Critical Care Reviews Newsletter

January 29th 2012




Welcome to the eighth Critical Care Reviews Newsletter. Every weekend some of the more important studies in critical care, which were published that week, are highlighted. These studies are added to the News section of the website, usually on a daily basis as publication occurs.

Unfortunately, there are too many studies to include this week, so I'll add the remaining ones to the News section over the next few days and include them in next week's newsletter.


Journal of Enteral and Parenteral Nutrition

Parenteral Nutrition

Pontes-Arruda report the results of an international, multicenter, prospective, randomized, open-label, controlled trial which investigated the differences in bacteraemias associated with 2 different parenteral nutrition systems. In 406 patients receiving PN via either a multi-chamber delivery system (n=202), or compounded PN (2 groups, n=101 and n=103 ) the incidence of bacteraemias was significantly lower with the multi-chamber delivery system ( 34 vs 46; p = 0.03). Central line-associated bacteraemias were also significantly lower with the multi-chamber delivery system (10.3 vs 13.2; p < 0.0001).

Abstract: Pontes-Arruda. Influence of Parenteral Nutrition Delivery System on the Development of Bloodstream Infections in Critically Ill Patients: An International, Multicenter, Prospective, Open-Label, Controlled Study—EPICOS Study. JPEN J Parenter Enteral Nutr published 23 January 2012.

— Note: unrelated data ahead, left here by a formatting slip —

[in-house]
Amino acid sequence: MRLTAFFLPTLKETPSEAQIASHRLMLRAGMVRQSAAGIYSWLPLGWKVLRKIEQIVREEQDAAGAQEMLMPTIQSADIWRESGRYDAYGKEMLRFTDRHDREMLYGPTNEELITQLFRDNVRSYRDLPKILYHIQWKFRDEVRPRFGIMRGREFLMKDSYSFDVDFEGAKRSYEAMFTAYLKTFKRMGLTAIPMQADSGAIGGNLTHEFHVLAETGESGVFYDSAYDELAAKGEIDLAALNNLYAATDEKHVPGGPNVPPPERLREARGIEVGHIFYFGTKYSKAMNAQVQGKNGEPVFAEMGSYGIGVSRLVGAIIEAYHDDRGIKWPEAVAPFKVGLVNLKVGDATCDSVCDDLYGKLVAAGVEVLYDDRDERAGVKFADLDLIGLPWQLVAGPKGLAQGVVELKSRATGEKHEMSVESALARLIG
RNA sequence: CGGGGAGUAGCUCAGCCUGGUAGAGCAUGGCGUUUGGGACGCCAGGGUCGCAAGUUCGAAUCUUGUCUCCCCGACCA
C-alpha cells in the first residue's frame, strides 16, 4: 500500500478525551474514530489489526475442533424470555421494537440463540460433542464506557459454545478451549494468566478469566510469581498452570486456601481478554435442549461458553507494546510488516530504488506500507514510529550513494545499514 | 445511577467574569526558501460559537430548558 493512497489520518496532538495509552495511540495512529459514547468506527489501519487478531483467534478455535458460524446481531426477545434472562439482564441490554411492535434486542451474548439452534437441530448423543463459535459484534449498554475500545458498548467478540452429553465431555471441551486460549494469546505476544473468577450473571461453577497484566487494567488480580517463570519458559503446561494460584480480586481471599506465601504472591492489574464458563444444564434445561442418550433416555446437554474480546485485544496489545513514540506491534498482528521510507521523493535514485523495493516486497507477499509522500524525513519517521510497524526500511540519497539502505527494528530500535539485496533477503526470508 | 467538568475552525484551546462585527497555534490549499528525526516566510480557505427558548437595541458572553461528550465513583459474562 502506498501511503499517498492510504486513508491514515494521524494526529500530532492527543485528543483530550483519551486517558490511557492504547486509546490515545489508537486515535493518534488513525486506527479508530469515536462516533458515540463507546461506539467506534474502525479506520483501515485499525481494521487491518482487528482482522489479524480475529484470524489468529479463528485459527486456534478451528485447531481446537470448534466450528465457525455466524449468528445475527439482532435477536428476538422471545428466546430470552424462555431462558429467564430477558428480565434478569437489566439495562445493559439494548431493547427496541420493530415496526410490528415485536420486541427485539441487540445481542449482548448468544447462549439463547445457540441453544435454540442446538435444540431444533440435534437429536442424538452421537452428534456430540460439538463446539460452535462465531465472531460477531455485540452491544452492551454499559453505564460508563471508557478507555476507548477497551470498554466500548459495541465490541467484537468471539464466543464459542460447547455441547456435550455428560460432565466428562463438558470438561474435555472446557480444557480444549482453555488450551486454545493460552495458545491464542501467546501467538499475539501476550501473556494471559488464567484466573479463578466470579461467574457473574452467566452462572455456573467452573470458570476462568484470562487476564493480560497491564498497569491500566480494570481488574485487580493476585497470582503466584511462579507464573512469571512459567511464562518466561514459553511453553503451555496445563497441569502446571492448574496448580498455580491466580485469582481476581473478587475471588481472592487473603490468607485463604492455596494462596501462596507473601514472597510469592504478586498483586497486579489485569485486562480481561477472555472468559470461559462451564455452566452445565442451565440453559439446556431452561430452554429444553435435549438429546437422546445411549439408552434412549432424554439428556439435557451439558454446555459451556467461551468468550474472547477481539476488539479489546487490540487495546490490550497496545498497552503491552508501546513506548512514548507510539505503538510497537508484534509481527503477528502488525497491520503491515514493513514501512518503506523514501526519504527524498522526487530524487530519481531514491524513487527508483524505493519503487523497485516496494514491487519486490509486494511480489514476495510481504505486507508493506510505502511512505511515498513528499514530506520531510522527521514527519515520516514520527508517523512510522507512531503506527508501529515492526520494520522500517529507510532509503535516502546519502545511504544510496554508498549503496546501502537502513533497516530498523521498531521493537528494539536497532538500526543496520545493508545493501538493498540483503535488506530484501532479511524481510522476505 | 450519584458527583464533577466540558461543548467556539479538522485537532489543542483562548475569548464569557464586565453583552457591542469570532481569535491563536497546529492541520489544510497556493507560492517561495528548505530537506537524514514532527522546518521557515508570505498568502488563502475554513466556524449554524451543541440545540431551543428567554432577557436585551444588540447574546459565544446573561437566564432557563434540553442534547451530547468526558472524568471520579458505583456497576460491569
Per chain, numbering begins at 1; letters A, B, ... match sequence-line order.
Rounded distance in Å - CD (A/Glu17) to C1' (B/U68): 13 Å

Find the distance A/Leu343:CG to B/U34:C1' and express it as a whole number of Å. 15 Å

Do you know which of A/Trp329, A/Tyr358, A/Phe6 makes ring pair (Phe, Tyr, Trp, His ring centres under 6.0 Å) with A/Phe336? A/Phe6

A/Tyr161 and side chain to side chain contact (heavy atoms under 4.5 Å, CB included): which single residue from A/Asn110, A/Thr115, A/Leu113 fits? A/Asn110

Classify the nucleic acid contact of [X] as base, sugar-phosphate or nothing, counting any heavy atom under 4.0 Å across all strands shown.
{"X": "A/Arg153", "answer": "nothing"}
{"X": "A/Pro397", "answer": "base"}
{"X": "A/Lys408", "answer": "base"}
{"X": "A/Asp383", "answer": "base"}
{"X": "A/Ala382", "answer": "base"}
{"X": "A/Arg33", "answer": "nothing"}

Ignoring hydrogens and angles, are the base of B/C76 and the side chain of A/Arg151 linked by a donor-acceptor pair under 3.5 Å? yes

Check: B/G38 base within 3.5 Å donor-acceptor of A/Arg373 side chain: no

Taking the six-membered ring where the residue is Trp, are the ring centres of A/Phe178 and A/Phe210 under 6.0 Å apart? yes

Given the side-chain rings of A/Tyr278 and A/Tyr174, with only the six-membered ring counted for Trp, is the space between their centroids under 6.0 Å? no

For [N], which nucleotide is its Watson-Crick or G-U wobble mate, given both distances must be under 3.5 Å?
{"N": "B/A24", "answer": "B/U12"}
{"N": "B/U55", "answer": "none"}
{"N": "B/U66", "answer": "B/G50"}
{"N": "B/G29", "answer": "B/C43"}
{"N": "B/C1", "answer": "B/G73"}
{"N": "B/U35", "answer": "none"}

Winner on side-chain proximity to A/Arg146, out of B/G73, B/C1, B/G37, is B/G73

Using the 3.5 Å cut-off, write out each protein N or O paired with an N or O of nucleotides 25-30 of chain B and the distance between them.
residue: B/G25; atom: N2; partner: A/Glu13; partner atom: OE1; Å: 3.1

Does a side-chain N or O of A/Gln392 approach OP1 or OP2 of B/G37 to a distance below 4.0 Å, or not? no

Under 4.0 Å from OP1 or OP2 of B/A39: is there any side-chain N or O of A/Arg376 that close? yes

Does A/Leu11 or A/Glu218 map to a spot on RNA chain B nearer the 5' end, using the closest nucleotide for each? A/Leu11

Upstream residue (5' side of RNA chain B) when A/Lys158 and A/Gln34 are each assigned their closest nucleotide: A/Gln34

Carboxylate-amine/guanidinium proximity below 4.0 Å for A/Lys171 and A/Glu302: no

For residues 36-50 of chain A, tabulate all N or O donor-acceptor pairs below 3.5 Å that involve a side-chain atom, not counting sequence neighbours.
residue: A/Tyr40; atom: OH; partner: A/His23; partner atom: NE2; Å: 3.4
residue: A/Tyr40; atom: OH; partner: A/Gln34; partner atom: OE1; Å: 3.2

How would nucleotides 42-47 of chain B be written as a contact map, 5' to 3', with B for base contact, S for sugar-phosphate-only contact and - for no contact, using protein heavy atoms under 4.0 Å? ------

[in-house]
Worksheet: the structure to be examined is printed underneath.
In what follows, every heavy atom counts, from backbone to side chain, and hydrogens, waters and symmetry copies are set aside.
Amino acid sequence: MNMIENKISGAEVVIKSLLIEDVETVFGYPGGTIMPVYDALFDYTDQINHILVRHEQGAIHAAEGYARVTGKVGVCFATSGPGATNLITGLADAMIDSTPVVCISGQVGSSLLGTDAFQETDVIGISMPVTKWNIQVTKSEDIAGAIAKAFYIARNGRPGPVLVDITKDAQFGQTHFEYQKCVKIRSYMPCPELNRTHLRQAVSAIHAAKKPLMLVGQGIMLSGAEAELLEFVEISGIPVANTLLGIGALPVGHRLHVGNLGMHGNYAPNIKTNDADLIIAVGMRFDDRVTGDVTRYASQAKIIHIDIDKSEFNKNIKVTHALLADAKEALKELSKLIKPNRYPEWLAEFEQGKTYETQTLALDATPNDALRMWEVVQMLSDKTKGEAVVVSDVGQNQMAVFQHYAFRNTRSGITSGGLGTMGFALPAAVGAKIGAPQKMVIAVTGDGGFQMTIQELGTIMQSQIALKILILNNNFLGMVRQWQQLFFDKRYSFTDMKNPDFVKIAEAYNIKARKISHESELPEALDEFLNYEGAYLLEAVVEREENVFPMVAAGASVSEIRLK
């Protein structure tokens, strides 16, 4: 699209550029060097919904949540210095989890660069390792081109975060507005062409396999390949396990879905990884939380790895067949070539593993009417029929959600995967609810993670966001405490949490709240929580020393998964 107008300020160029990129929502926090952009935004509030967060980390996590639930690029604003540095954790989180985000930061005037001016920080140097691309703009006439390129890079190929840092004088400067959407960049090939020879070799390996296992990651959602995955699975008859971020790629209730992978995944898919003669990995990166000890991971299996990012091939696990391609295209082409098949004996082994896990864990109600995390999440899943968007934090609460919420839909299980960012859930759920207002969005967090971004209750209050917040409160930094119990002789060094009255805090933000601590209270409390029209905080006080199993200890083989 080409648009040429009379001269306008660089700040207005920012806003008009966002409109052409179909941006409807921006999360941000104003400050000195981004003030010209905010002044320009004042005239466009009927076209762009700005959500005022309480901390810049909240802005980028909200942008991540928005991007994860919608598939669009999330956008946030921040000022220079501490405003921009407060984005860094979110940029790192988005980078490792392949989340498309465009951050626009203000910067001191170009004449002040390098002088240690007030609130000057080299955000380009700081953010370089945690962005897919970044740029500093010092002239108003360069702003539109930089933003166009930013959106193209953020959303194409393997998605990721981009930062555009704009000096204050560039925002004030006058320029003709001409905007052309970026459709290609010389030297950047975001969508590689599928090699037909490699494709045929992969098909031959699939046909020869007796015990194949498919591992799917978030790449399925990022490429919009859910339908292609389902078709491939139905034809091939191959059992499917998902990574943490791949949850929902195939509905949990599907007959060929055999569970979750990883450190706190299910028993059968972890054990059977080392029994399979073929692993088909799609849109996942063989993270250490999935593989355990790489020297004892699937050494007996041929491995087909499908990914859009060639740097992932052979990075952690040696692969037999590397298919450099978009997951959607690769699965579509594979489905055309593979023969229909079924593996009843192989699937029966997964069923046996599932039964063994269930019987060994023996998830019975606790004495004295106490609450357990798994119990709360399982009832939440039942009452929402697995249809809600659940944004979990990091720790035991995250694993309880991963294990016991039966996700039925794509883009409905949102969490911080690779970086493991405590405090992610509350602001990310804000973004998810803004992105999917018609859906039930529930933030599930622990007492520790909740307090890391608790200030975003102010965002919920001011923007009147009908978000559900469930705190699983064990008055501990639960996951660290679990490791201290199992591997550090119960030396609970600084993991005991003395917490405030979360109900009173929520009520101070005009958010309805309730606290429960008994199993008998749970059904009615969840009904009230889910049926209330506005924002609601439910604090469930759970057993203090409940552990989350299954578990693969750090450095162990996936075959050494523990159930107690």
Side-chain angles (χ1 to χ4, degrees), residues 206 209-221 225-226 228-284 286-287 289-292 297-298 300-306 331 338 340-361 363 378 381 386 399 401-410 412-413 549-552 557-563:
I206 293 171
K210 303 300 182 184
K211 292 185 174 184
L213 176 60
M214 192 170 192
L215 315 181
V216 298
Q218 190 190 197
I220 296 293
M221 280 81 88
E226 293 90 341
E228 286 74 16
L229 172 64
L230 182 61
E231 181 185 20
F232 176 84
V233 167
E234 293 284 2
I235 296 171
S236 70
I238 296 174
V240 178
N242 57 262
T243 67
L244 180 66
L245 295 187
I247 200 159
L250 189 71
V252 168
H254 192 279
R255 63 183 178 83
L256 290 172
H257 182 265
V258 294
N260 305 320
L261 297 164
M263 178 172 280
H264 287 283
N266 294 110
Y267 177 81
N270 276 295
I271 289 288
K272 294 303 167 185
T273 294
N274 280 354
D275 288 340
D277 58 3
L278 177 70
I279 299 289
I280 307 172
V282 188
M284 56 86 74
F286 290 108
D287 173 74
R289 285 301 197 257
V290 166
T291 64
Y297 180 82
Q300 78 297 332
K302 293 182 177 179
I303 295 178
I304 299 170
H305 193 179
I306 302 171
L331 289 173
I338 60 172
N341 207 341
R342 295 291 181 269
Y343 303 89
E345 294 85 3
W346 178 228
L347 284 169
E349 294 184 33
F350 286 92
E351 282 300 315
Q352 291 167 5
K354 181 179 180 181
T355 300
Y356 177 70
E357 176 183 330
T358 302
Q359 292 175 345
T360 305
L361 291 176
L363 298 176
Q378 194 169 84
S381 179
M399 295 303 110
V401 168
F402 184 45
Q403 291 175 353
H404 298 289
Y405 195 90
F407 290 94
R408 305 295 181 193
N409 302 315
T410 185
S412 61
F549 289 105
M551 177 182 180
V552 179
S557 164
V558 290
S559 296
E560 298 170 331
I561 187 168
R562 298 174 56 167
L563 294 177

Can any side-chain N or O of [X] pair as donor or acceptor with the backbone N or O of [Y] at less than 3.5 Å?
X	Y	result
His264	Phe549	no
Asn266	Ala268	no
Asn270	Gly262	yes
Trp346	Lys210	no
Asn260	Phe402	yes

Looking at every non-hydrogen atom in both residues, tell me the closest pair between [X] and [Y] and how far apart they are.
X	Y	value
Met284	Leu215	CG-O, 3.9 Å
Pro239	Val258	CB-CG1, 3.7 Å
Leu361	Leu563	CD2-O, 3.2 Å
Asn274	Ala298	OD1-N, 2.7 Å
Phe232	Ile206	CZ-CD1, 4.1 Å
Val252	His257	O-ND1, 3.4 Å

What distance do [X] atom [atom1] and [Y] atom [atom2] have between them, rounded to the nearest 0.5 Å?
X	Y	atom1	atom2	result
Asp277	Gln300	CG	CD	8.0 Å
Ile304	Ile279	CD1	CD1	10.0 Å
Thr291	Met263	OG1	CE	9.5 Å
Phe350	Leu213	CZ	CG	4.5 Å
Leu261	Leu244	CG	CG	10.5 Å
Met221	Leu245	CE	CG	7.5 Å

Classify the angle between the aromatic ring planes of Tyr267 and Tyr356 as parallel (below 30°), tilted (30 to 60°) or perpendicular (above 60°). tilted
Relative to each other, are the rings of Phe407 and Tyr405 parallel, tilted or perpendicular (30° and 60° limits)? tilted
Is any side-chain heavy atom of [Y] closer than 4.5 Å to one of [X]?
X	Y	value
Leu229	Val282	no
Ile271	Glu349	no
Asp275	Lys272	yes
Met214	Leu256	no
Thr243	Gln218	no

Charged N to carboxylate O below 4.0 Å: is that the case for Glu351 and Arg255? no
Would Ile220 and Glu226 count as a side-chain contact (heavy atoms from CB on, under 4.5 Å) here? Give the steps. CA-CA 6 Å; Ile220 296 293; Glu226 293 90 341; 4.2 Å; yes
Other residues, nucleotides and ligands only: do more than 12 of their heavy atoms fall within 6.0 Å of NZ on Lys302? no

Critical Care

Septic Acute Kidney Injury

Pickkers report the results of a small randomized placebo controlled trial investigating the use of alkaline phosphate in septic acute kidney injury. Thirty six adults with severe sepsis or septic shock, and new AKI requiring renal replacement therapy received either alaline phosphatase (bolus injection of 67.5U/kg body weight followed by continuous infusion of 132.5U/kg/24h for 48 hours) or placebo. Endogenous creatinine clearance (baseline to day 28) was significantly higher in the AP group relative to placebo (from 50+/-27 to 108+/-73mL/min (mean+/-SEM) versus from 40+/-37 to 65+/-30mL/min; p=0.01). Reductions in RRT requirement and duration did not reach significance. Both the systemic markers C-reactive protein, Interleukin 6, and LPS-binding protein, and the urinary markers Kidney Injury Molecule-1 and Interleukin-18 were reduced in AP-treated patients relative to placebo.

Full Text: Pickkers. Alkaline phosphatase for treatment of sepsis-induced acute kidney injury: a prospective randomized double-blind placebo-controlled trial. Critical Care 2012, 16:R14


American Journal of Respiratory and Critical Care Medicine


Schädler performed a prospective randomized controlled trial investigating whether automated weaning decreases overall ventilation time compared to weaning based on a standardized written protocol in an unselected surgical patient population. In 300 subjects, there was no difference in duration of ventilation {(median/IQR),  31 [19-101] hours, n=150 vs 39 [20-118] hours, n=150, respectively; p=0.178}.

Abstract: Schädler. Automatic Control of Pressure Support for Ventilator Weaning in Surgical Intensive Care Patients. Am J Respir Crit Care Med 2012, epublished ahead of print


European Heart Journal

Contrast-Induced Nephropathy

Klima et al conducted a prospective, randomized trial in 258 consectutive patients with renal insufficiency undergoing contrast procedures. Patients received intravenous volume supplementation with either (A) sodium chloride 0.9% 1 mL/kg/h for at least 12h prior and after the procedure or (B) sodium bicarbonate (166 mEq/L) 3 mL/kg for 1h before and 1 mL/kg/h for 6h after the procedure or (C) sodium bicarbonate (166 mEq/L) 3 mL/kg over 20min before the procedure plus sodium bicarbonate orally (500 mg per 10 kg). GFR was least affected with sodium chloride therapy, with both sodium bicarbonate therapies being similar. The incidence of contrast-induced nephropathy was significantly smaller with sodium chloride, at 3%, but higher with the bicarbonate therapies at 9% and 10%, respectively.